An Examination of High School Graduates Who Identify Teachers as Influential in their Choice of College
Mozie-Ross, Yvette Denise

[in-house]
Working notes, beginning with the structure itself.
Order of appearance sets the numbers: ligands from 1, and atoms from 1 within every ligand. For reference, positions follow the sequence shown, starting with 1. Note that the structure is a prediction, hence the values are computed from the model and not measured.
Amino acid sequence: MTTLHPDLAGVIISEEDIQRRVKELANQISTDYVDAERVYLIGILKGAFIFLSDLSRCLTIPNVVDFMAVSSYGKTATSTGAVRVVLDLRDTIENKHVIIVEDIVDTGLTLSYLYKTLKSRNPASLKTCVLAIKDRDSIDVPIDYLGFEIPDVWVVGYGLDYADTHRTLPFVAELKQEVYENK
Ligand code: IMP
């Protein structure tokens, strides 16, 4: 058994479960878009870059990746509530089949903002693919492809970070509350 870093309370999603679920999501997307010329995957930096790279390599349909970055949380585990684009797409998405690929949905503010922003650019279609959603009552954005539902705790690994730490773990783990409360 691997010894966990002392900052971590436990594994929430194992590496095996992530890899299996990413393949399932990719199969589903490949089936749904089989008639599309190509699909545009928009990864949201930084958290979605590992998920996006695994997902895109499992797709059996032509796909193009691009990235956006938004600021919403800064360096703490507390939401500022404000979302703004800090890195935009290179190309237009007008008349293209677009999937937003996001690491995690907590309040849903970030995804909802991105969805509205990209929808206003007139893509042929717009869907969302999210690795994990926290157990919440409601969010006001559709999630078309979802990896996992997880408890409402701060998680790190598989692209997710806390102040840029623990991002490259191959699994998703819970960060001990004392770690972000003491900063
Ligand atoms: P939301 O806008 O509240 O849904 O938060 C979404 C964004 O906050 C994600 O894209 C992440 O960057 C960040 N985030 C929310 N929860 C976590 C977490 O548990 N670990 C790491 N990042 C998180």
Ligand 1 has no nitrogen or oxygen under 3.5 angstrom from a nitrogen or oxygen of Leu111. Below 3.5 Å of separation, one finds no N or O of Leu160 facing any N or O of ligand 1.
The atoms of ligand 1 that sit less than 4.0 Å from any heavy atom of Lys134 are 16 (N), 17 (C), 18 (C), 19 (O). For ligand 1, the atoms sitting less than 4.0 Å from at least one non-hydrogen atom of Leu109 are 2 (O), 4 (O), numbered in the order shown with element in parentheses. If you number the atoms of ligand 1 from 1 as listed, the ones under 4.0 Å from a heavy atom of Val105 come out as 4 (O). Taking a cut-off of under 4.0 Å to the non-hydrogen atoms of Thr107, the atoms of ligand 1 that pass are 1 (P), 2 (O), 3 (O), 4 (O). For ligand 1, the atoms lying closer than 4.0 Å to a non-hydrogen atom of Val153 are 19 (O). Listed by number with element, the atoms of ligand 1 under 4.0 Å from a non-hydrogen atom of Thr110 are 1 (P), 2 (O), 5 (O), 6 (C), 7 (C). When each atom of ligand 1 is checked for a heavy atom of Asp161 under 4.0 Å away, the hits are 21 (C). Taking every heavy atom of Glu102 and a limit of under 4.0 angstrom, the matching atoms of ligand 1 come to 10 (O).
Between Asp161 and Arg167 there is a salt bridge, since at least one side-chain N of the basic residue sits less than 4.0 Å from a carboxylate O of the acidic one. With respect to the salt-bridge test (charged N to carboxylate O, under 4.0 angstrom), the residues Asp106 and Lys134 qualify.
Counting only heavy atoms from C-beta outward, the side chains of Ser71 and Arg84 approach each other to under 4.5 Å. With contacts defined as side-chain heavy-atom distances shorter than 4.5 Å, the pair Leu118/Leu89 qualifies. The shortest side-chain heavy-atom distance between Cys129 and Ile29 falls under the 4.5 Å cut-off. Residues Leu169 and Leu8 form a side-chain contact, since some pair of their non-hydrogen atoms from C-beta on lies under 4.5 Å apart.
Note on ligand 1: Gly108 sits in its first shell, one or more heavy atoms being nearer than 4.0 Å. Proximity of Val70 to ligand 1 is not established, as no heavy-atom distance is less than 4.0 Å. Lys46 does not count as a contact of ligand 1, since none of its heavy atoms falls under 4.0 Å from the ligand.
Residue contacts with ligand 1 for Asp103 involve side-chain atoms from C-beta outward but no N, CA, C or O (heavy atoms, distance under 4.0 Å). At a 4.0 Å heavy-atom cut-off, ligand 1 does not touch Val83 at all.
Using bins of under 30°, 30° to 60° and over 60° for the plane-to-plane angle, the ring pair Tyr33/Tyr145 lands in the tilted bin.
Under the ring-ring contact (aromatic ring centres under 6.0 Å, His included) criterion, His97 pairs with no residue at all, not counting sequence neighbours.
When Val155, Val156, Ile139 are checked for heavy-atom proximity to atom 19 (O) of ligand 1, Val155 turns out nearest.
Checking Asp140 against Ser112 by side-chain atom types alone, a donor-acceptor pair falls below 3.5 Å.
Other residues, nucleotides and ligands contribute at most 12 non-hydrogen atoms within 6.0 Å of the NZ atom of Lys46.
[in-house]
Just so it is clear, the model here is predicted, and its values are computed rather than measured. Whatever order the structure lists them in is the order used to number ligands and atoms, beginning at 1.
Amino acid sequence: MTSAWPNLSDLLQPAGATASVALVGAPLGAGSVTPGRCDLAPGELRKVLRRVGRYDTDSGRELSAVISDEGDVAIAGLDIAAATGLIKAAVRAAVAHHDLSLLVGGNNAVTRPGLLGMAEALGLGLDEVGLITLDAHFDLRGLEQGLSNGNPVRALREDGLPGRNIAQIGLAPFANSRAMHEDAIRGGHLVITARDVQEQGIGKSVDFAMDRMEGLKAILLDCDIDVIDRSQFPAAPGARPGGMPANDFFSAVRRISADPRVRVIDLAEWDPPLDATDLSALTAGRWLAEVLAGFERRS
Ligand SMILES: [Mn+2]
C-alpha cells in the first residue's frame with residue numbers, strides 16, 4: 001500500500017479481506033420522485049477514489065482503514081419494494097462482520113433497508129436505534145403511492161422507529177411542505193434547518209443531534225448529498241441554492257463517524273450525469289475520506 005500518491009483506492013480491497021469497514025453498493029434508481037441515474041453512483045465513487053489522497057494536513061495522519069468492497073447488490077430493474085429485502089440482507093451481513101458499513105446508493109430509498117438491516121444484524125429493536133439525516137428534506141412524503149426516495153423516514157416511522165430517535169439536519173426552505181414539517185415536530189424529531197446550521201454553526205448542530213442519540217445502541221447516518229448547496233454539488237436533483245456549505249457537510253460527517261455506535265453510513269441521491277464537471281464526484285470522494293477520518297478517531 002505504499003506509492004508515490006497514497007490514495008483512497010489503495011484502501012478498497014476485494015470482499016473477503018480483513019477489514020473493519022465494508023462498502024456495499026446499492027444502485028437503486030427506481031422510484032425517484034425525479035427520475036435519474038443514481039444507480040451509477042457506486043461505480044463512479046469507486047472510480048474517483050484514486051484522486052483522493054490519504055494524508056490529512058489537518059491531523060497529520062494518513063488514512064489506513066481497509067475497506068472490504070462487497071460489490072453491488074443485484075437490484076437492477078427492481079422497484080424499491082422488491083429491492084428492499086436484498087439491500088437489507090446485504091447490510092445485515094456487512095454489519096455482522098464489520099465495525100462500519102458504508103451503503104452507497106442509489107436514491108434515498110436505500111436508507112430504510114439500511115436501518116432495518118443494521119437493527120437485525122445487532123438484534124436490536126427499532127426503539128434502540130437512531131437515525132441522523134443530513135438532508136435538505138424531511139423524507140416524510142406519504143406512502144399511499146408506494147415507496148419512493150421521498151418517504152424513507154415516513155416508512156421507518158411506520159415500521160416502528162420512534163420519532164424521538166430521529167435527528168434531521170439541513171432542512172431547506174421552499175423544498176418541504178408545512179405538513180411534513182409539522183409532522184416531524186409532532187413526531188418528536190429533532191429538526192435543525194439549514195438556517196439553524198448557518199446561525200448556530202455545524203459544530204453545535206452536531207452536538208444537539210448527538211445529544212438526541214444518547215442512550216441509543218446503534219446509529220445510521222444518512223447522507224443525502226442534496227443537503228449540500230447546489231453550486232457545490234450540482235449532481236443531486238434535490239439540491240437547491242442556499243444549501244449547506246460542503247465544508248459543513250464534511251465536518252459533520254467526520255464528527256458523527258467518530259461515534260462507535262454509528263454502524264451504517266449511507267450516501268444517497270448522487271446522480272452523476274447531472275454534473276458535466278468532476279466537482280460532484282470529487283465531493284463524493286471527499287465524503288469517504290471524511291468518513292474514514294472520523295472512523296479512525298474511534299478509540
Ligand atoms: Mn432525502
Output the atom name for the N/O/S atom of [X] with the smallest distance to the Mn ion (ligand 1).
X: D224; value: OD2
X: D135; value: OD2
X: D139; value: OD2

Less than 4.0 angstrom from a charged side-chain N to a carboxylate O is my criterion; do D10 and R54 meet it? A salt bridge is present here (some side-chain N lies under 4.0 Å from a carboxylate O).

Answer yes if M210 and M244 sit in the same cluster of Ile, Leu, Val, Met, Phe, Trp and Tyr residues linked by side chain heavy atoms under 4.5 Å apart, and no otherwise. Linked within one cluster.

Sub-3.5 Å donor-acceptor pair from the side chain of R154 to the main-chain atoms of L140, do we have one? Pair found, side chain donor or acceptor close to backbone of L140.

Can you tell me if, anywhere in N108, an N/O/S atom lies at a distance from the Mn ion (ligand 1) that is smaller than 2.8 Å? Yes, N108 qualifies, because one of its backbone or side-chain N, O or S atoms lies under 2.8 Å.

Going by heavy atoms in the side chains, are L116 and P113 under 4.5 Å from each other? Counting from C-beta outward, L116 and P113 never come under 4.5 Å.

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This exploratory study contributes to what is known about the college choice process by providing a quantitative comparative analysis to determine how high school graduates who identify teachers as influential in their choice of college differ from graduates who do not. Specifically, this study answers the following research question: How do students who identify teachers as influential in their choice of college differ from those who do not in terms of academic and demographic characteristics and college choice outcomes? Perna's college choice model served as the conceptual framework for this study. The model posits that college choice is ultimately based on students' comparison of the benefits and costs of enrolling. Assessments of the benefits and costs are shaped by four contextual layers: 1) habitus, 2) school and community, 3) higher education and 4) social economic and policy. Data for this exploratory study were drawn from 17,734 high school graduates' responses to the College Board's 2006 Admitted Student Questionnaire (ASQ). Cross-tabulation and descriptive and inferential analyses were used to characterize and compare student respondents who indicated the opinions of high school teachers as "very important" in their choice of college, and those who do not, in terms of the core and contextual college choice variables identified in Perna's conceptual model. Pearson's Chi-square was used to test the independence of the variables while Cramer's V correlation served as a post-estimation test to assess the relative strength of the association of the variables. A z-test analysis was also performed to compare the differences in proportion for the two populations under consideration. The study concluded that high school graduates who identified teachers as influential in their choice of college differed from those who did not in terms of academic background, demographic background and college choice outcomes. Specifically, in terms of academic and demographic background, the study found that high school teachers are most influential among students who are 1) non-White, 2) less competitive academically (i.e. grade average and admissions test scores), and 3) come from lower socio-economic backgrounds. No differences were found in gender and type of high school attended. In terms of college choice outcomes, the study concluded that teachers were most influential among students who 1) attend schools in their home state, 2) attend less competitive institutions (i.e. "masters college and university" or "specialty school" Carnegie Classifications), and 3) attend schools where the perceived emphasis is on quality of students' academic experience, opportunities for involvement outside the classroom and campus aesthetics. No differences were found in institutional control (public versus private). The findings have implications for future research and future practice including institutional marketing and recruitment strategies and teacher preparation programs.